The economy should grow steadily during the next few years, but current growth is still two-thirds of what it should be, says Mark Vitner, an economist for Wells Fargo Securities.
For local residents, the slow steady growth means “don’t take big risks because there won’t be enough growth to bail you out of a bad decision,” Vitner said Friday.
Vitner’s advice followed his annual economic forecast breakfast at Winthrop University. About 150 business and government leaders attended the event.
He estimated the annual economic growth for 2015 will be about 2.4 percent, up from 2.1 percent this year. Before the recession, the annual economic growth rate was 3.3 percent.
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“I don’t think we’ll get back to there,” Vitner said of the pre-recession rate, noting that much of the previous growth was fueled by people and businesses assuming debt. While credit is flowing again, it’s not as easy to get as it once was. New regulations on the credit industry will also slow the pace of growth, he said.
Aiding the recovery is a broader economic base, he said, with South Carolina the third strongest state in growing its manufacturing economy. He said the state’s successful recruitment of BMW in 1994 showed that a quality product could be built and exported from South Carolina.
BMW has expanded its plant five times since 1994. The latest $1-billion expansion, announced in March, will increase plant capacity by 50 percent and add 800 workers. With the addition, the Spartanburg plant will be BMW’s largest.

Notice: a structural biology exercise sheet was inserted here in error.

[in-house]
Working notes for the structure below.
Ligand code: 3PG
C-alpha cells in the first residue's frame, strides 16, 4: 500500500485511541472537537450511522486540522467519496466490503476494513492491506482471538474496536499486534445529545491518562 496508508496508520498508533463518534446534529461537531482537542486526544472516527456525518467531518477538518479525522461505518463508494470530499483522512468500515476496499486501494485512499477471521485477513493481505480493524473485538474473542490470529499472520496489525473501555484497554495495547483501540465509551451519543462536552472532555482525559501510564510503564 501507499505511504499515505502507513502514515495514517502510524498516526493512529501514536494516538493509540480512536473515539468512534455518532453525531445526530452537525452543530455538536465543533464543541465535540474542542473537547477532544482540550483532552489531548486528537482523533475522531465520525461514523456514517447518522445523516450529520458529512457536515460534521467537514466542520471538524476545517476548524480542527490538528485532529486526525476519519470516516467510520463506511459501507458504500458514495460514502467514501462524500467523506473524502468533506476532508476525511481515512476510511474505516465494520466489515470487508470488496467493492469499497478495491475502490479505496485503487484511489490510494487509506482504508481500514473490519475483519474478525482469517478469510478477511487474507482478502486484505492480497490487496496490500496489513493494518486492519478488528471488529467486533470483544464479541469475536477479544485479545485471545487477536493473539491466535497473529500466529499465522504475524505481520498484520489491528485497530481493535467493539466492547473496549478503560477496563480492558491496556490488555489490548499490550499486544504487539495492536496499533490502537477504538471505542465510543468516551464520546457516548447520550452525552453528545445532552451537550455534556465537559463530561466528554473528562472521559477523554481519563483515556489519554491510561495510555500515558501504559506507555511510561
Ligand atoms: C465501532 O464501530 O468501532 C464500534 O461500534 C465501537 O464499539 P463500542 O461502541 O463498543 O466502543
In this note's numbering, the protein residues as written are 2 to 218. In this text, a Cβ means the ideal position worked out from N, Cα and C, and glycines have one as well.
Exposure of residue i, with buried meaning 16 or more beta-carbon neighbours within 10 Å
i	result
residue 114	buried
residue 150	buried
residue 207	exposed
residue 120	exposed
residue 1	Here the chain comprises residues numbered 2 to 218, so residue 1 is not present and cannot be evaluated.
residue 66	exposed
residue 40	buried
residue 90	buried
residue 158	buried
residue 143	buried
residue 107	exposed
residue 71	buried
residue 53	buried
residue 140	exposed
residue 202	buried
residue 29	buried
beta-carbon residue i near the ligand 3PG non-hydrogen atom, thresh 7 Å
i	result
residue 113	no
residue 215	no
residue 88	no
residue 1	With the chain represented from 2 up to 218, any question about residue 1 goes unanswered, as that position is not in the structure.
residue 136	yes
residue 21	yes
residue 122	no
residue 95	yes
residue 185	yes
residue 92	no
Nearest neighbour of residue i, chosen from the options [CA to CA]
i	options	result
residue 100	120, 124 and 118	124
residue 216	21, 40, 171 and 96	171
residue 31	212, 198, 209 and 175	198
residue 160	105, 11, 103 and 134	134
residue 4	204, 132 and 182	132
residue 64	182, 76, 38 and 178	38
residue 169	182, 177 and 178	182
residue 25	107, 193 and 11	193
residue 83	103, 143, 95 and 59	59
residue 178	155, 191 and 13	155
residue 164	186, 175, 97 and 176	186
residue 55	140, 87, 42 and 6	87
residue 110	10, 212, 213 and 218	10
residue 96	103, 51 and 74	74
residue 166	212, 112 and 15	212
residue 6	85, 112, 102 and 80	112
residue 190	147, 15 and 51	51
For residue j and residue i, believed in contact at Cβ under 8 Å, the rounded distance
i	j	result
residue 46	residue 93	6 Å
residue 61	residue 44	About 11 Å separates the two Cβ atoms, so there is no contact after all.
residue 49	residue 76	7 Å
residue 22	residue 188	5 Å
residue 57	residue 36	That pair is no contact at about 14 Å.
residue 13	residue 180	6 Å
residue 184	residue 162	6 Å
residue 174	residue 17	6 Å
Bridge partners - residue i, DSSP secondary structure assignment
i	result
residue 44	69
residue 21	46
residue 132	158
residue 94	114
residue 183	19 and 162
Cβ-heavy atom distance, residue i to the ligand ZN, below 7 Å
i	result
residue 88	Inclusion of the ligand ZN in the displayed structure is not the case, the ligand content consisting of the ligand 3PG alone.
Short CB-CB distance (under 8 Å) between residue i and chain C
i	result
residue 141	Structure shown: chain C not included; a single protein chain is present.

Lancaster and Chester counties are reaping the benefits from BMW’s recruitment, Vitner said.
The Keer Group of China is investing $218 million to build a 236,000-square-foot textile manufacturing plant and a 10,000-square-foot office building in Indian Land off S.C. 160. Keer America plans to hire more than 500 area residents within three years.
In Chester, Giti Tire, based in Singapore, will invest $560 million to build a plant that will employ 1,700 people with the possibility of more jobs.
The recruitment of Keer and Giti “marks a shift for areas that have really been languishing,” Vitner said.
While these plants represent great opportunity, Vitner said, having prospective employees with the right skills for these plants is critical. “New factories require new skill sets,” he said.
The success of companies such as Red Ventures in Indian Land as well as the Riverwalk residential development in Rock Hill with its cycling amenities show that the state’s economy recovery is broadly based. “Charlotte has now come to you,” Vitner said.
While jobs are being added in area counties, Vitner said the resulting economic growth in income will be modest.
“Don’t sit on the fence, but don’t take too big of a risk,” Vitner said.
Larry Carroll, a Charlotte financial adviser who attended Friday’s event, said Vitner’s analysis was accurate, but “people haven’t bought into the idea” of economy recovery.